Originally published at MintPress News.
AUSTIN, Texas — The Drug Enforcement Agency has delayed the implementation of its ban on kratom, a plant-based treatment for depression, anxiety, chronic pain and addiction that originated in Southeast Asia but has gained widespread popularity in the United States.
Although the DEA has abandoned the emergency scheduling decision announced on Aug. 30, the agency says it still plans to classify kratom as a Schedule I drug, alongside substances like heroin, cocaine, and even marijuana, which the federal government claims have no medical benefits.
“We have determined that it represents an imminent hazard, so we’re not going to drag our feet very long,” DEA spokesman Russ Baer said on Sept. 30, the day the ban was supposed to go into effect. “It’s not a matter of if, it’s just a matter of when.”
Kratom users insist the substance is safe and that it often offers more benefits for their health than pharmaceutical drugs. The decision to push back the “unprecedented” measure came on the heels of a wave of popular protests and opposition from within the government.
— … (@MrsSHaber) September 14, 2016
“I think they are starting to realize how much of a negative effect this will have on fully functional, law-abiding Americans,” James, a member of reddit’s popular kratom subreddit, told MintPress News in an email on Tuesday.
James, who asked to be referred to only by his first name, citing legal concerns over his use of kratom, told MintPress in a previous interview that consuming the plant helps ease the otherwise intractable chronic pain and depression he experiences due to a back injury.
On Sept. 30, Sen. Orrin Hatch, the senior-most Republican in the Senate and chair of the Senate Finance Committee,penned a letter to the DEA urging the agency to delay its plans to allow time for public comment and input from Congress. Hatch’s letter followed a similar missive sent on Sept. 26 to the federal Office of Management and Budget and signed by 50 representatives, who urged the office to use its “statutory authority” to delay the DEA ban.
“Thankfully, due to the activists and users and industry associations, it looks like Congress is leaning on the DEA and they’ve delayed the ban,” said John Bush, owner of Brave New Books, an Austin alternative bookstore, in an interview with MintPress on Tuesday.
Over 141,000 people signed a White House petition urging a halt to the ban, easily surpassing the threshold of 100,000 signatures which requires a response from the Obama administration. Activists took to Twitter using the #KratomSavesLives hashtag and marched across the country, including in Austin.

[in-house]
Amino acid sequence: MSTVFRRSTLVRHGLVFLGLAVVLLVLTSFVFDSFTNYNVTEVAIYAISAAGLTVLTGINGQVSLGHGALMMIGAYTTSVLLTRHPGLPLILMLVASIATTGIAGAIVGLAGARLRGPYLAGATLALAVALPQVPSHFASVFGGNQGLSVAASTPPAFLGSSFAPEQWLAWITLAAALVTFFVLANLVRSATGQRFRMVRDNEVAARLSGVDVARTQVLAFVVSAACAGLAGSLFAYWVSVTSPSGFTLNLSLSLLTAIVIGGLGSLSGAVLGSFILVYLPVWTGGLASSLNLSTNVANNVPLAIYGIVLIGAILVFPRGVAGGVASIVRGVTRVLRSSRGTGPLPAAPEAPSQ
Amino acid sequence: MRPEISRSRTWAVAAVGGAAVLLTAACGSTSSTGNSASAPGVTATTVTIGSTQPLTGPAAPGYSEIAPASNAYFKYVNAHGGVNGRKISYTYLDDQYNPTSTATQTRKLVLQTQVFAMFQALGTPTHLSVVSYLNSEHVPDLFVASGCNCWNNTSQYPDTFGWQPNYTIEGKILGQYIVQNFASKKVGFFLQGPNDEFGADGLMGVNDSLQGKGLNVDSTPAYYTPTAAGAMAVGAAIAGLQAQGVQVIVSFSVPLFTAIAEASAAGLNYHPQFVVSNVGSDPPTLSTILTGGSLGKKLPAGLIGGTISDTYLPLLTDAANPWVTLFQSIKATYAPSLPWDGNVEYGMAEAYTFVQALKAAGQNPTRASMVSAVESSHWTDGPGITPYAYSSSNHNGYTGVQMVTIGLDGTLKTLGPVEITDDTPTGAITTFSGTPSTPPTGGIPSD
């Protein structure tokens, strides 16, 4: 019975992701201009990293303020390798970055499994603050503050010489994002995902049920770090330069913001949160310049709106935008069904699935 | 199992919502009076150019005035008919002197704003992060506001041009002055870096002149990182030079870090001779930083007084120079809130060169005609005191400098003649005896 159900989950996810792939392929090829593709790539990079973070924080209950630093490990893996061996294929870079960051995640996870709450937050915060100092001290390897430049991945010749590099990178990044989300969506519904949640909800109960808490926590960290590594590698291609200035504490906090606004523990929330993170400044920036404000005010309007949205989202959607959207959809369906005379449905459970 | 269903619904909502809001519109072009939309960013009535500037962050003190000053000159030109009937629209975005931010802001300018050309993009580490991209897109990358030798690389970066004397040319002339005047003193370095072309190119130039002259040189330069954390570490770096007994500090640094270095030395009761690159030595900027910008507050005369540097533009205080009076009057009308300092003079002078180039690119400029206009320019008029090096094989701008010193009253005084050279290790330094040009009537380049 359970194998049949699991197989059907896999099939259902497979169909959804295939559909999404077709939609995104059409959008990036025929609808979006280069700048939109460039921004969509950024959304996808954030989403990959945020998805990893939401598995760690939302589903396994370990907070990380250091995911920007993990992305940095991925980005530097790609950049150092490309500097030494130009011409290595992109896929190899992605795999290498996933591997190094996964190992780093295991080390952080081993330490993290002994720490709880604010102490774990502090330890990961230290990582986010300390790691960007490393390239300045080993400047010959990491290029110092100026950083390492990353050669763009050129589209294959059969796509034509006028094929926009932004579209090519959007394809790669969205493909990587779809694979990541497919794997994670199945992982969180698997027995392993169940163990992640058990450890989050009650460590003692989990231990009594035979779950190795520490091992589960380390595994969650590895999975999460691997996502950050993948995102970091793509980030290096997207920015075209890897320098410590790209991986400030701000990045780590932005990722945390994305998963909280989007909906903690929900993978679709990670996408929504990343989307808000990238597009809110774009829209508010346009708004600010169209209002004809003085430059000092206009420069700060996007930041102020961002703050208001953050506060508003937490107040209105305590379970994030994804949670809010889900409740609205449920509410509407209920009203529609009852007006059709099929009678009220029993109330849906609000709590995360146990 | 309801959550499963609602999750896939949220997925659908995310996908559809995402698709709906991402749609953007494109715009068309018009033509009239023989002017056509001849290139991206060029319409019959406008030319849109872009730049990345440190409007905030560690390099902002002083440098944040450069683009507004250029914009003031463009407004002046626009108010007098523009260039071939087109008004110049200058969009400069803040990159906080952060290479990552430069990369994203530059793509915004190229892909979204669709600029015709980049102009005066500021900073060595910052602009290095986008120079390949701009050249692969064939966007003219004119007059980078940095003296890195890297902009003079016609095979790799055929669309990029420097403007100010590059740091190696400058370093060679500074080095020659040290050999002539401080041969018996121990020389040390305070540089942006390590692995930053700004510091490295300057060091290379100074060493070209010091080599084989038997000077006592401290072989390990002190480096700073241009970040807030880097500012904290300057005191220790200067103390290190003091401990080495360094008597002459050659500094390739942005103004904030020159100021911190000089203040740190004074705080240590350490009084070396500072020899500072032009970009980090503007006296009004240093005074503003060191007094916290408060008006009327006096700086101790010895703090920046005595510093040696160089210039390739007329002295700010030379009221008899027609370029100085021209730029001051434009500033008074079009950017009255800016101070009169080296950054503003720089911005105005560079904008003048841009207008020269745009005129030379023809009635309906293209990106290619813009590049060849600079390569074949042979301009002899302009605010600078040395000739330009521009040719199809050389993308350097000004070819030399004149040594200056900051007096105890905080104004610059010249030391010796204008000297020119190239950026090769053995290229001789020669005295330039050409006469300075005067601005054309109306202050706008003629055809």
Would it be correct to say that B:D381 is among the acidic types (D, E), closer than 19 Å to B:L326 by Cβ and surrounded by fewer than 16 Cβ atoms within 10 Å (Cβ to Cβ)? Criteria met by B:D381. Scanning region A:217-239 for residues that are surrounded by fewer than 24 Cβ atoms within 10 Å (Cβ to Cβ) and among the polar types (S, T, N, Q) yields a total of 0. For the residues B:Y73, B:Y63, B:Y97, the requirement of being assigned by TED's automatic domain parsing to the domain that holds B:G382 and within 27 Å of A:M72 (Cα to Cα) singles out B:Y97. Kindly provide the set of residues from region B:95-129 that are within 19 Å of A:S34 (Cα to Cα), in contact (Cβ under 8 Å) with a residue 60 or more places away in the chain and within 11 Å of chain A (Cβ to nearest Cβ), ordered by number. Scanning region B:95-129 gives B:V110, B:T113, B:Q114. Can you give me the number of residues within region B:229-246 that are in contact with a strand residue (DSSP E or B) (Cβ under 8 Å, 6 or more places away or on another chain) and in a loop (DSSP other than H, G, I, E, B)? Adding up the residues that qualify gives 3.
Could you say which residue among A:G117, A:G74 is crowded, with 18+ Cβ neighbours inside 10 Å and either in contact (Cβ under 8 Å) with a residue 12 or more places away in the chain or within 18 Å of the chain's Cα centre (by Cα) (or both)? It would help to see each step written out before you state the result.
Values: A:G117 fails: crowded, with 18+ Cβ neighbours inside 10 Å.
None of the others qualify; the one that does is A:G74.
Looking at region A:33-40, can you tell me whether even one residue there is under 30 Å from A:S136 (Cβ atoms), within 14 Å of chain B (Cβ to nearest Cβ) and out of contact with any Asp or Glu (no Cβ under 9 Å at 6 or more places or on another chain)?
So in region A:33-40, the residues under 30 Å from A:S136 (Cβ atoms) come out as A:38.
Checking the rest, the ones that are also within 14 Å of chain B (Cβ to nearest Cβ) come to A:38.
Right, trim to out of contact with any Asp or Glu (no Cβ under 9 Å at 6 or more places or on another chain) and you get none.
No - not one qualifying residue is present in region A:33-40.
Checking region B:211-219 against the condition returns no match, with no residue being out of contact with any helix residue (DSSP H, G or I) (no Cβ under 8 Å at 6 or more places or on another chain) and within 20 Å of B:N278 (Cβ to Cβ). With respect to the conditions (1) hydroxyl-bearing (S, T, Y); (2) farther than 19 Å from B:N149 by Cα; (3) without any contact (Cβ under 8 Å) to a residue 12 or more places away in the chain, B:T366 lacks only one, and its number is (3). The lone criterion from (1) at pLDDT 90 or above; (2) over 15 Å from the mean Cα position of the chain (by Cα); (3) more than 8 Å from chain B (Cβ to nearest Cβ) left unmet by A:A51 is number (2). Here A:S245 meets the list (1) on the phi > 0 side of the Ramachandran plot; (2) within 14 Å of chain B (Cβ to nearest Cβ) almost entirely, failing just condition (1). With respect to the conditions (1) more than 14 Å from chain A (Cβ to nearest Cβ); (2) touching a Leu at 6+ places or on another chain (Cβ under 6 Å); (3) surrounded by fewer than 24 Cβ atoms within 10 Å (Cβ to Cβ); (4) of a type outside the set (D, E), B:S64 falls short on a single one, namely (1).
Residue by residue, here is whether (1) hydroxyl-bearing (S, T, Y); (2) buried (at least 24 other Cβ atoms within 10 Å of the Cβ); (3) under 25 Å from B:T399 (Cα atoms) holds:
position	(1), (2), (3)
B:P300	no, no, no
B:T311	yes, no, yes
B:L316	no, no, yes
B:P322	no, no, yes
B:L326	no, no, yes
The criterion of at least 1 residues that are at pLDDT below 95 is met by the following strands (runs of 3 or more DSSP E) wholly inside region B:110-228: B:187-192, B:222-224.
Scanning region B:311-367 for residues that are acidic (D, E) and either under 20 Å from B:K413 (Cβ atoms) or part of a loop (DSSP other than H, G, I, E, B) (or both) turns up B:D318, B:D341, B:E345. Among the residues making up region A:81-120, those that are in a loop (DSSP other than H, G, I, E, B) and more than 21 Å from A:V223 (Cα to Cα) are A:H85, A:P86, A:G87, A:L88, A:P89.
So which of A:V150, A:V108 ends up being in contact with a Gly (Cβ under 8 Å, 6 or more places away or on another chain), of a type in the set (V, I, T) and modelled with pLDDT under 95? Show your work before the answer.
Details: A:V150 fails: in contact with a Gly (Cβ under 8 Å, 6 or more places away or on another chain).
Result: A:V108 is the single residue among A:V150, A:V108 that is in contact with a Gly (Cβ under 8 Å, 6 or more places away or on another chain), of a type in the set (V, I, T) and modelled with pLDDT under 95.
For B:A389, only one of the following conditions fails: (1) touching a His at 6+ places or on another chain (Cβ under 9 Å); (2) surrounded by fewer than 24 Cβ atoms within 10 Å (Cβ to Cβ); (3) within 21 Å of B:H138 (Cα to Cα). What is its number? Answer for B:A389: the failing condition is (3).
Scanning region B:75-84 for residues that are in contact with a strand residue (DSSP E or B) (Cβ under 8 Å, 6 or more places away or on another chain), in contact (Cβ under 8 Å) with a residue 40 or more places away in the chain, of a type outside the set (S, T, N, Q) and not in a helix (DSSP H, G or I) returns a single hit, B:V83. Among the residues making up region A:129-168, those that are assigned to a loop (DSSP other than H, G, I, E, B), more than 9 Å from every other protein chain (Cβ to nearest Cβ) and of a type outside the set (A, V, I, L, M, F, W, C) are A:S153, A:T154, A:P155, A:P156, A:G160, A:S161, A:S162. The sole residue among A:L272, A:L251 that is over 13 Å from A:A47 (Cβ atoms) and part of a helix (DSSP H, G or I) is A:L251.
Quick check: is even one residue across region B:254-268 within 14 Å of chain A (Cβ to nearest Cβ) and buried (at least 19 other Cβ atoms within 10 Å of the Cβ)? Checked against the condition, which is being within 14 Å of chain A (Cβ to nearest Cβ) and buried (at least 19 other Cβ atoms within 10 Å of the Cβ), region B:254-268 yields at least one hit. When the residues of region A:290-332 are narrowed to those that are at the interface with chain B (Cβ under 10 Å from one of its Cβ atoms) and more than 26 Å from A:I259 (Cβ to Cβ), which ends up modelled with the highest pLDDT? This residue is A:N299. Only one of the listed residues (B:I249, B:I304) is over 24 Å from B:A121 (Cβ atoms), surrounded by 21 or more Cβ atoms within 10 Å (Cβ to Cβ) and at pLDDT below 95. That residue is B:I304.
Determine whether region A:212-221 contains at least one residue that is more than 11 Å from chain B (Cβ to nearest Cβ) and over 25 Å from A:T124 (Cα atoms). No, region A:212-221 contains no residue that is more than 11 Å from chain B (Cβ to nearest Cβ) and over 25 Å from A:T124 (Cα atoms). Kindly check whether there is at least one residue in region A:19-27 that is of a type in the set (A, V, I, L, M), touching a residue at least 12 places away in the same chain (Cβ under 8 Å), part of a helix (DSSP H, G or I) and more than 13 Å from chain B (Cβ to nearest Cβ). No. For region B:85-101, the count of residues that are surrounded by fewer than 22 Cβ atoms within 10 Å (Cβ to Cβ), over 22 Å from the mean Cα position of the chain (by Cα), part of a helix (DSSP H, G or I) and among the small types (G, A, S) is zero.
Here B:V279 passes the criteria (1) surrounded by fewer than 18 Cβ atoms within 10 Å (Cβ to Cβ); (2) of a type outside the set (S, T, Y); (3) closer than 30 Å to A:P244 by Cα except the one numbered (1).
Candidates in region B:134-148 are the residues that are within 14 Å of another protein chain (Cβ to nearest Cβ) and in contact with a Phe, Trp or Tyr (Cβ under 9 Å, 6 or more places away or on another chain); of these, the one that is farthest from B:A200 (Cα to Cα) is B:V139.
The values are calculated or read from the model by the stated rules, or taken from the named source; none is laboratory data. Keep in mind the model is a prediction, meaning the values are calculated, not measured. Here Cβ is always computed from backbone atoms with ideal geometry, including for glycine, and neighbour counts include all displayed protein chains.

— Kira (@ChicagoKira22) September 25, 2016
‘Education and helping one another is the solution’
Bush told MintPress that he discovered kratom when Burke Superfoods, a vendor at the bookstore, began offering kratom a few months ago. Now, he uses it regularly. He explained:
If I’m feeling stressed out, I take some and it really relaxes me and relaxes my mind and makes me feel better overall, even emotionally. And then if I have good solid work session or I’m working into the night, I’ll take some and it’ll give me a few more hours of energy and more mental clarity.
While he’s generally opposed to government interference in people’s lives, Bush said he finds the attack on “natural” medicines like kratom to be especially offensive. He continued:
It’s one thing to ban firearms or to lock people up for not paying income tax, but it’s a whole other thing to make it difficult for people to take care of themselves. It’s one of the most morally reprehensible things that the state does, so I was grateful to see that the people’s voice really was heard in this case, and I think the DEA really took notice when Congress and the U.S. Senate especially started telling them that they’re overreaching their authority.
He also dismissed the notion that the drug should be banned because some people might abuse it, saying personal responsibility needs to come into play. “I think if people think there’s a problem with people abusing kratom, then education and helping one another is the solution, not putting people in a cage,” he added.
In his email, James was sharply critical of the DEA’s continued push for a ban:
This almost seems like an attempt to validate the existence of the DEA and these archaic laws, in a time when marijuana is being legalized at the state level and they have had their funding cut that would be allocated towards raiding cancer patients and LEGAL dispensaries.
Bush said he hopes kratom users will continue to organize and resist the ban, even if it means defying the law. He concluded:
One thing that we need to do … is to build networks of mutual aid and mutual defense and to help protect those people that want to continue to use kratom, because now they’re doing so at a risk to their freedom and safety.